Flying particles and debris are an ever-present danger

During milling, loading and unloading, conveying, cleaning and bagging, the grain will create flying particles or debris that can cause eye injuries, respiratory issues and more.

Using dust collection systems, providing proper ventilation, enclosing equipment where possible, conducting regular maintenance, using PPE like safety glasses and respirator masks, and ensuring workers are trained in handling materials and equipment safely.

Proper housekeeping practices are also vital to prevent the accumulation of dust and debris, reducing the potential for airborne hazards in the facility.

Vehicle-related hazards

Workers on foot or operating other vehicles can be at risk for being hit by moving vehicles at feed mills and grain elevators. This becomes especially dangerous during busy times like harvest, where facilities experience more traffic and employees and visitors can easily become distracted.

To reduce the number of vehicle-related hazards, the following safety measures should be implemented:

  • Establishing clear traffic management plans and designated pedestrian walkways to separate vehicle and foot traffic.
  • Implementing proper training and certification programs for vehicle operators.
  • Using warning signs, lights and audible alarms on vehicles to alert pedestrians to their presence.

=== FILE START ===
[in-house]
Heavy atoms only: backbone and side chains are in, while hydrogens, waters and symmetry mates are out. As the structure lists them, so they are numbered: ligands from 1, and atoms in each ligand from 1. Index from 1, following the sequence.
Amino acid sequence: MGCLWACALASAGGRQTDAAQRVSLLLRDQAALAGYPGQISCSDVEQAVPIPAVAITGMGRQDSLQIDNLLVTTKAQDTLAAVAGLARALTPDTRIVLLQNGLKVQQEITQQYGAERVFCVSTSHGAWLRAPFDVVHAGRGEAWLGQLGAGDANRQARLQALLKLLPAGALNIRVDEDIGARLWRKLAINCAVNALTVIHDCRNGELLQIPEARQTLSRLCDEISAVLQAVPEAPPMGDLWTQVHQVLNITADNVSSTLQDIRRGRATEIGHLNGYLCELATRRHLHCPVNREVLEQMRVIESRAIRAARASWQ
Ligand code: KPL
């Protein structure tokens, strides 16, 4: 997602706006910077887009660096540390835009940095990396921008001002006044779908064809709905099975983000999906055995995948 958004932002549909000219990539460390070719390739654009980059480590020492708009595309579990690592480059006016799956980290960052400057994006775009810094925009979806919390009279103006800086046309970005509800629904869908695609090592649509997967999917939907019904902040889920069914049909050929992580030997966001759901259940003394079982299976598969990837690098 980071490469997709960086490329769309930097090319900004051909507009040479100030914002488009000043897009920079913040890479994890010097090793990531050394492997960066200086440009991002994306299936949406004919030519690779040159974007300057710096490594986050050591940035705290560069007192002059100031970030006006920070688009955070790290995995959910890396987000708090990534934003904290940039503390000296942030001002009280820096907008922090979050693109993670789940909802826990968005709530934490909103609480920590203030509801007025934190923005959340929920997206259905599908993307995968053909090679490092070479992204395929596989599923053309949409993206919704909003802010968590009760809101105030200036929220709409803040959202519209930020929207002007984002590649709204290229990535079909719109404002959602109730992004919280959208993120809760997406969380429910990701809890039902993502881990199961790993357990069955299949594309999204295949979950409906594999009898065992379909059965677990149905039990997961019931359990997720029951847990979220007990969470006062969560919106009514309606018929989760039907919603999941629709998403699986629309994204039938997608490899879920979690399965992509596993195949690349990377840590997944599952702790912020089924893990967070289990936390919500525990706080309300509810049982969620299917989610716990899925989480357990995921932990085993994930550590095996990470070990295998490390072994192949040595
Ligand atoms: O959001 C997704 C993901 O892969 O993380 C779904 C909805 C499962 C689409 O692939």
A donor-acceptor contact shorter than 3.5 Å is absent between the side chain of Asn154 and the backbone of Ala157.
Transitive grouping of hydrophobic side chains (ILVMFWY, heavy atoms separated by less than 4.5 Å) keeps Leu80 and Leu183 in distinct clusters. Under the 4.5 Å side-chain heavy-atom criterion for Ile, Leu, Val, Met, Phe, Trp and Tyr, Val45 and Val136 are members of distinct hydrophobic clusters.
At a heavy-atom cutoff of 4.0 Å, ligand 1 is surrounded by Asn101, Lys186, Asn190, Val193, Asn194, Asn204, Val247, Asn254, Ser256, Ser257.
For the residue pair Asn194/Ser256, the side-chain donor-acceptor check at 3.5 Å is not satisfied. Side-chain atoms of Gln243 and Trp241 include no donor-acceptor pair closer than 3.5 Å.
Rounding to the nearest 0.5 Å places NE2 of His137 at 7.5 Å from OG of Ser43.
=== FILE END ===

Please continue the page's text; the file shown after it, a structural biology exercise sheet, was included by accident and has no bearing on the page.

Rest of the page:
• Enforcing speed limits and safe driving practices within the facility.
  • Conducting regular maintenance and inspections of vehicles to ensure they are in proper working condition.
  • Providing PPE for workers, such as high-visibility vests, to enhance visibility and safety.
  • Installing mirrors and cameras to eliminate blind spots for drivers.
  • Promoting a safety culture that emphasizes the importance of adhering to safety protocols and reporting any unsafe conditions or near-miss incidents.

Prevent line of fire hazards

To prevent line of fire hazards, employers and workers should prioritize safety and follow proper safety procedures, which may include:

  • Providing appropriate personal protective equipment (PPE) such as hard hats, safety glasses, gloves, and steel-toed boots.
  • Conducting regular safety training and awareness programs.
  • Implementing engineering controls to minimize or eliminate hazards.
  • Using warning signs and barriers to keep workers away from dangerous areas.
  • Establishing clear protocols for equipment operation, maintenance and repair.
  • Maintaining a clean and organized work environment to prevent tripping hazards and falling objects.
  • Encouraging workers to report unsafe conditions and near misses to address potential hazards proactively.

By identifying and addressing line of fire hazards, workplaces can significantly reduce the risk of injuries and promote a safer working environment for everyone involved.